# Cathederal Ceiling

• posted on July 2, 2005, 9:59 pm
This is a dumb question, but if you put in a cathedral ceiling in a room would it require more heat in the winter to keep the room warm?
Tracy
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• posted on July 2, 2005, 10:07 pm

Heat rises, doesn't it? The higher the ceiling the more the heat rises to fill the space.
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• posted on July 3, 2005, 5:07 am

So you need a fan up there to push it back down
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• posted on July 2, 2005, 10:14 pm
James Repetski wrote:

It depends - while heat loss is a function of room volume (among other things), the slope of the ceiling doesn't matter. So if you compare two rooms of equal volume - one with 11' ceilings against a room with a linear 8' to 14' cathedral ceiling for example, the heat loss will be the same.
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• posted on July 2, 2005, 10:21 pm

Nono. It's proportional to wall and ceiling surface exposed to the outdoors.
Nick
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• posted on July 2, 2005, 10:34 pm
snipped-for-privacy@ece.villanova.edu wrote:

A fine point, but one which I will concede willingly.
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• posted on July 2, 2005, 10:35 pm
Travis Jordan wrote:

And I omitted....don't forget about the floor / slab.
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• posted on July 2, 2005, 11:52 pm
Travis Jordan wrote:

That's not exactly correct, but the OP is asking about keeping warm, not heat loss. He's also not asking about which size room is easier to heat. The only variable is the ceiling configuration.
Higher ceiling, more volume, more heat required to keep a person warm...unless said person was bitten by a radioactive spider and spends quality time scurrying around the ceiling.
R
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• posted on July 3, 2005, 1:00 am
Mech Engineer on bowleing alley project talked about stratification.. As I understand it, if the air is introduced at a given level with enough momentum / volume, zones of temperature above and below are separate. Is there an HVAC expert in the house? TB
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• posted on July 3, 2005, 11:06 am
Travis Jordan wrote:

Room A is 20x20x11, with 4400 ft^3 of volume and 2(20+20)11 = 880 ft^2 of walls and 20x20 = 400 ft^2 of ceiling, ie 1280 ft^2 of heat-losing surface.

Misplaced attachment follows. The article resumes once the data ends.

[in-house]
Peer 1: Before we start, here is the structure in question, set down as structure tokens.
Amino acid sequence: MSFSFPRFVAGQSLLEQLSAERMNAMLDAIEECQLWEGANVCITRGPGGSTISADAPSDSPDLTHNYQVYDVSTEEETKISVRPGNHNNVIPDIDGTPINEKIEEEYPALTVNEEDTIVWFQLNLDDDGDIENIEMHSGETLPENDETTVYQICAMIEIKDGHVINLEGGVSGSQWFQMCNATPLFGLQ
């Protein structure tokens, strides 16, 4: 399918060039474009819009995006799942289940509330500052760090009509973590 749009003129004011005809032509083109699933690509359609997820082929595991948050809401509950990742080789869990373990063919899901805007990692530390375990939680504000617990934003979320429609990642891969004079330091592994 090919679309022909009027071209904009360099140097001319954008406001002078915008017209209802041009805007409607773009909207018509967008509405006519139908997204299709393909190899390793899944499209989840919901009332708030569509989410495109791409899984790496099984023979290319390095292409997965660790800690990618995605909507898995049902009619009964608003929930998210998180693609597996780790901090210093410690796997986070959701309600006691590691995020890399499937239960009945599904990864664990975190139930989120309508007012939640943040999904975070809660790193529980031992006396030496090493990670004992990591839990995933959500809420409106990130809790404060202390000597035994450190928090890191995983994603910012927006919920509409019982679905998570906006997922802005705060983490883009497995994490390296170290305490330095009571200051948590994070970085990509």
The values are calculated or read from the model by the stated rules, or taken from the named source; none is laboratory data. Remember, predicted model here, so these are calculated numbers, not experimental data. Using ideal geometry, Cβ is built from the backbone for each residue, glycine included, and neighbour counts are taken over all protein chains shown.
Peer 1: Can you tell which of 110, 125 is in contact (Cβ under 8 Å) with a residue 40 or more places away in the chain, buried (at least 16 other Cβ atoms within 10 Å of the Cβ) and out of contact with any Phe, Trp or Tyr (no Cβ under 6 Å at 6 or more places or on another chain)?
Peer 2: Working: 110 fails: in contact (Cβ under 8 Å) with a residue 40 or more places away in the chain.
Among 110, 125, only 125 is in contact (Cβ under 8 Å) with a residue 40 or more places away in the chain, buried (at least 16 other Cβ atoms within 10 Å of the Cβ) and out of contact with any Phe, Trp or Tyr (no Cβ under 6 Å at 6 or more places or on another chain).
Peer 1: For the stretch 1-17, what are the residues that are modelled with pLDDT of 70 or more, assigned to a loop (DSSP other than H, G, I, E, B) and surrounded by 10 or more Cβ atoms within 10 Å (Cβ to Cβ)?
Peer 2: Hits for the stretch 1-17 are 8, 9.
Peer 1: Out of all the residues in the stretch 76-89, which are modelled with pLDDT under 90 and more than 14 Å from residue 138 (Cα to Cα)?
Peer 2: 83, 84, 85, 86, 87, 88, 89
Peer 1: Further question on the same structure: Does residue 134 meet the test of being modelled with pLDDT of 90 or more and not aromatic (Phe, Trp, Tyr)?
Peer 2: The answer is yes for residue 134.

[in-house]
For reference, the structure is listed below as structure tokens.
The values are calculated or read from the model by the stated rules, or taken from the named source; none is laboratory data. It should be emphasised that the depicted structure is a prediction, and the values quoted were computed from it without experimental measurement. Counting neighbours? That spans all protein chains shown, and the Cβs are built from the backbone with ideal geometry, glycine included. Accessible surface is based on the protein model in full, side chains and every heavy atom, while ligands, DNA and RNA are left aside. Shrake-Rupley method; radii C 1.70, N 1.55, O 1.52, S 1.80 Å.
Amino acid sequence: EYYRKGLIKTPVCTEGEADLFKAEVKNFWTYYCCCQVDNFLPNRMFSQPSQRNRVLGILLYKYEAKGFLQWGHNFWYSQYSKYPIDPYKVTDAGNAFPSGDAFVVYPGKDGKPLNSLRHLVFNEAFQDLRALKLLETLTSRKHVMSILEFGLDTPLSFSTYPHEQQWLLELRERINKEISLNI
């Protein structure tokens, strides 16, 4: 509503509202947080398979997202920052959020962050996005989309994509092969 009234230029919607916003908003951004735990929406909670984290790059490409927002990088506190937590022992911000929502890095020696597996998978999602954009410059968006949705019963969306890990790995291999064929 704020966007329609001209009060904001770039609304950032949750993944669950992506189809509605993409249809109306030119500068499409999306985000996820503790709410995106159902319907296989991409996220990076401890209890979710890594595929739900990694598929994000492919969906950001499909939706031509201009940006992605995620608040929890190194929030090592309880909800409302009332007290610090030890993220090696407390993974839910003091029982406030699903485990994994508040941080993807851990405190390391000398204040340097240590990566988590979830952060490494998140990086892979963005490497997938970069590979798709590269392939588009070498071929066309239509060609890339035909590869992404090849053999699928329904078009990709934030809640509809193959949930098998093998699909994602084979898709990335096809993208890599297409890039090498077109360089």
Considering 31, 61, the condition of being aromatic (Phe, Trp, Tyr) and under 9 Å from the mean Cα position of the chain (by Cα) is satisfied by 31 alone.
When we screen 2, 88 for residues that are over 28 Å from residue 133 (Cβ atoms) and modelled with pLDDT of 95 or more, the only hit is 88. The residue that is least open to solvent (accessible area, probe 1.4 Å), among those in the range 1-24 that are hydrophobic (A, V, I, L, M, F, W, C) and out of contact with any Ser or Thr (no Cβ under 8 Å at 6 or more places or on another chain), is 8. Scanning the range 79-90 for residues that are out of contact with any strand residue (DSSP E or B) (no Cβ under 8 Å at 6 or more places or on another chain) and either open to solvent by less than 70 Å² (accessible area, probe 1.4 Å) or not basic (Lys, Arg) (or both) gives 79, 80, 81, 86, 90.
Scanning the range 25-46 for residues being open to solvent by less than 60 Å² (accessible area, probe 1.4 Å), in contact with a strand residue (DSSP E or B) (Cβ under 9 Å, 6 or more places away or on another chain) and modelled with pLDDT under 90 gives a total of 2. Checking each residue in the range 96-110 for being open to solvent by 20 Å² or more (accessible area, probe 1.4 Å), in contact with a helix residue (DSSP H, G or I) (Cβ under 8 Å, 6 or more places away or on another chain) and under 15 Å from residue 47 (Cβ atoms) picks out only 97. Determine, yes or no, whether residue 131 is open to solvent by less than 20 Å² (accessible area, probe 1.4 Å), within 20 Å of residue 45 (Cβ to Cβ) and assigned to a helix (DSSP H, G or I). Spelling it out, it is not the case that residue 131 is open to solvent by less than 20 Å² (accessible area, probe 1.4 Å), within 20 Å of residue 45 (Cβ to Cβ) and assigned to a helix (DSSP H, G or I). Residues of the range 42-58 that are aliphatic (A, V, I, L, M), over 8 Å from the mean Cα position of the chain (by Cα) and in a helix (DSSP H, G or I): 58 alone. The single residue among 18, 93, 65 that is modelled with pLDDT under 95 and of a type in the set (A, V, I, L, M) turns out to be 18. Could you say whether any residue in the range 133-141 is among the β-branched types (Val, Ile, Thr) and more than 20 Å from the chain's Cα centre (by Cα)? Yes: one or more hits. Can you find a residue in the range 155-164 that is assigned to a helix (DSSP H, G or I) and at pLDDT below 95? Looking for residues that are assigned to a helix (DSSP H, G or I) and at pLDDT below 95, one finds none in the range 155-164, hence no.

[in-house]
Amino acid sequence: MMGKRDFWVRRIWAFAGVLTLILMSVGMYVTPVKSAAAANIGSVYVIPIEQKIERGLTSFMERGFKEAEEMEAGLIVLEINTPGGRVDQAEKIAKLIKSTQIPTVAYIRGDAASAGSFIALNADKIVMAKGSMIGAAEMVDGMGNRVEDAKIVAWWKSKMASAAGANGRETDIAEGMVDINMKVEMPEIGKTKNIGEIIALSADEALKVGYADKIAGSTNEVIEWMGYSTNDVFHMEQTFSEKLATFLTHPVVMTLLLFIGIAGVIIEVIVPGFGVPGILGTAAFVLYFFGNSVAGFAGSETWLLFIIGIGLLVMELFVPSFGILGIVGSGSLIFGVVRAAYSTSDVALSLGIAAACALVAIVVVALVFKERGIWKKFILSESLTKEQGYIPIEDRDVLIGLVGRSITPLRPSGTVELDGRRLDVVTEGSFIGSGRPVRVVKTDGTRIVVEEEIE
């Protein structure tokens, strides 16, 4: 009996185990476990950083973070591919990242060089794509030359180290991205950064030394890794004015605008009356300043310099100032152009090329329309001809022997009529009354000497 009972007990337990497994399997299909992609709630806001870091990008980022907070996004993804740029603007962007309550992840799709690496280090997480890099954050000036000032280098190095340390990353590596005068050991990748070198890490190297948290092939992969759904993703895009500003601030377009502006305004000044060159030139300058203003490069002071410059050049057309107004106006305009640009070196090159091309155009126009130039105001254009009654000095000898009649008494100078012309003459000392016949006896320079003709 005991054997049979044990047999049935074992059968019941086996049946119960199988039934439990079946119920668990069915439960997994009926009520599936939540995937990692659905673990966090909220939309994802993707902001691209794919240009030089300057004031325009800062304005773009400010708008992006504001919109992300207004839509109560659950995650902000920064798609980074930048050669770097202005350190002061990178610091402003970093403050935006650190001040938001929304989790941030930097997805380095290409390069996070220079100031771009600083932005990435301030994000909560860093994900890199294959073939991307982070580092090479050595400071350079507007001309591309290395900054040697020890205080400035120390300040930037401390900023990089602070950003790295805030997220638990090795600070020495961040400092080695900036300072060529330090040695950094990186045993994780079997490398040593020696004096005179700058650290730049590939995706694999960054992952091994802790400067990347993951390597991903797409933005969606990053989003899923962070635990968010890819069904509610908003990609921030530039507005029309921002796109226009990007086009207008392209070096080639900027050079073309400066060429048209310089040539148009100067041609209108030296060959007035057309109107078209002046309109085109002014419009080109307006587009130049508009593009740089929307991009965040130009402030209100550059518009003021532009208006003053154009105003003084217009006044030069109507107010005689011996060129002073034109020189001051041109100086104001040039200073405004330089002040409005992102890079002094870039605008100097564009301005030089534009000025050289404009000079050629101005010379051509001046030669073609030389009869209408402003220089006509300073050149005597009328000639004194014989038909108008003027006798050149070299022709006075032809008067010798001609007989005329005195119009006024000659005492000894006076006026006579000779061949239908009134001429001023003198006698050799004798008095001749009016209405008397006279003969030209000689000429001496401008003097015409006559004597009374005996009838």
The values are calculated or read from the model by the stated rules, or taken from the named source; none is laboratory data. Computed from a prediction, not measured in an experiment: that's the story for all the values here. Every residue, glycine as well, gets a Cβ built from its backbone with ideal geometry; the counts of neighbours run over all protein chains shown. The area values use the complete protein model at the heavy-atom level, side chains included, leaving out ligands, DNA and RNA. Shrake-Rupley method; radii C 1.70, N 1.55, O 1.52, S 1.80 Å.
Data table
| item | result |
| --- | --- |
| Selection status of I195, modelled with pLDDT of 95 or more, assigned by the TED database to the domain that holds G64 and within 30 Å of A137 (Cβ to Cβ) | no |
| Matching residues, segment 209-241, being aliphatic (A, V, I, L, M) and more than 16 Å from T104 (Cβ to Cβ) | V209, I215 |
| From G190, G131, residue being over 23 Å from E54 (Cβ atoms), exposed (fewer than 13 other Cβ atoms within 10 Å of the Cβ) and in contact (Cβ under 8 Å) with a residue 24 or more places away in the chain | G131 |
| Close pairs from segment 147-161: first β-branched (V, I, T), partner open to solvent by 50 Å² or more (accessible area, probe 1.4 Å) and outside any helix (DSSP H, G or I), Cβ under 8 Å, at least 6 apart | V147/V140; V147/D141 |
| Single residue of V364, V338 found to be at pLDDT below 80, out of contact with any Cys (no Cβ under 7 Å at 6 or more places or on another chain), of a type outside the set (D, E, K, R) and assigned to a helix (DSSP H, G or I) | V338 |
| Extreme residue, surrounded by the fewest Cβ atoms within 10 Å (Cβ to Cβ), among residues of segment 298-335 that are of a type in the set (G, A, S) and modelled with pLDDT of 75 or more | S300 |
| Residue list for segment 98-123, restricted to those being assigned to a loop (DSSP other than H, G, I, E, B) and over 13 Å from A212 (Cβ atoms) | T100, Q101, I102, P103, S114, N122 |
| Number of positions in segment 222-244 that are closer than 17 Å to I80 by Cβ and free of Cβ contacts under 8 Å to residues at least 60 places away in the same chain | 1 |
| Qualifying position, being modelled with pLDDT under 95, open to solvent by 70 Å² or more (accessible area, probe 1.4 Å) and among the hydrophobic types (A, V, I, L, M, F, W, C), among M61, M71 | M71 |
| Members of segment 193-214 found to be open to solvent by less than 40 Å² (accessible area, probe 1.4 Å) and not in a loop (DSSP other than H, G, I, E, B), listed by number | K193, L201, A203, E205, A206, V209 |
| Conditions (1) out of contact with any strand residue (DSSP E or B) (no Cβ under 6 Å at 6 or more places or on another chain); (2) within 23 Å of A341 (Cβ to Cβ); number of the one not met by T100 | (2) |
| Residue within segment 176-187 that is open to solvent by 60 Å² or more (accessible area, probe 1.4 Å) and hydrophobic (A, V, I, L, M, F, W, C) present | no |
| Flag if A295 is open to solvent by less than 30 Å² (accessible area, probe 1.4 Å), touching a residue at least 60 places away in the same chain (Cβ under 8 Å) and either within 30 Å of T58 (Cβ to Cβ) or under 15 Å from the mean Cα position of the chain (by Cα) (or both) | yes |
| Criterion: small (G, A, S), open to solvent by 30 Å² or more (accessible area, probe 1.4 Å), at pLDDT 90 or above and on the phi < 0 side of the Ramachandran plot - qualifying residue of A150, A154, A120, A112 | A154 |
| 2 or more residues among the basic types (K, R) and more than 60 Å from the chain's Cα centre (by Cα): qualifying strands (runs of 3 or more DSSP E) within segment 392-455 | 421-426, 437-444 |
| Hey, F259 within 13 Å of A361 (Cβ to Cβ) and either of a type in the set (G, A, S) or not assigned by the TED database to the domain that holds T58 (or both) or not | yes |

Room B is 20xL, with V = 20x8xL+2x1/2x10x6 = 220L = 4400, so L = 20, with 2(20+20)8 of walls + 2sqrt(6^2+10^2)20 of sloped roof + 120 ft^2 of gables, ie 1226 ft^2 of heat-losing surface.
Room C is 20x20x8, with V = 3200 ft^3 and 2(20x20)8 + 20x20 = 1040 ft^2 of heat-losing surface.
Nick
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• posted on July 3, 2005, 12:59 pm
snipped-for-privacy@ece.villanova.edu wrote:

Good analysis, Nick....thanks.
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• posted on July 3, 2005, 3:29 pm
Travis Jordan wrote:

Playing at math to show that a larger room has more surface area is an analysis...? More like a waste of time.
R
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• posted on July 3, 2005, 9:25 pm
Travis Jordan wrote:

Some earlier RicodJour seems to have contradicted you... :-) Article: 723407 of alt.home.repair
Subject: Re: Cathederal Ceiling Date: 2 Jul 2005 16:52:21 -0700 Organization: http://groups.google.com
Travis Jordan wrote:

That's not exactly correct, but the OP is asking about keeping warm, not heat loss. He's also not asking about which size room is easier to heat. The only variable is the ceiling configuration.
Higher ceiling, more volume, more heat required to keep a person warm...
Nick
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• posted on July 3, 2005, 12:12 am
James Repetski wrote:

There are a lot of factors and construction details will make a big difference.
I would say that in general there would be a little difference and it will require more heat in the winter. You may or may not be able to recover some of that with lower cooling cost during the summer.
Good construction will minimize the differences.
--
Joseph Meehan

Dia duit
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• posted on July 3, 2005, 2:23 am

I had cathedrals in my last house some places were almost 20 feet high. Summer time it seemed like the a/c worked longer than the previous house. Bills were about the same. Winter was comfortable to me. I live in Phoenix so the location your talking about would have a lot to do with the situation.
Personally I will not have high ceiling again. Just to echoie for me.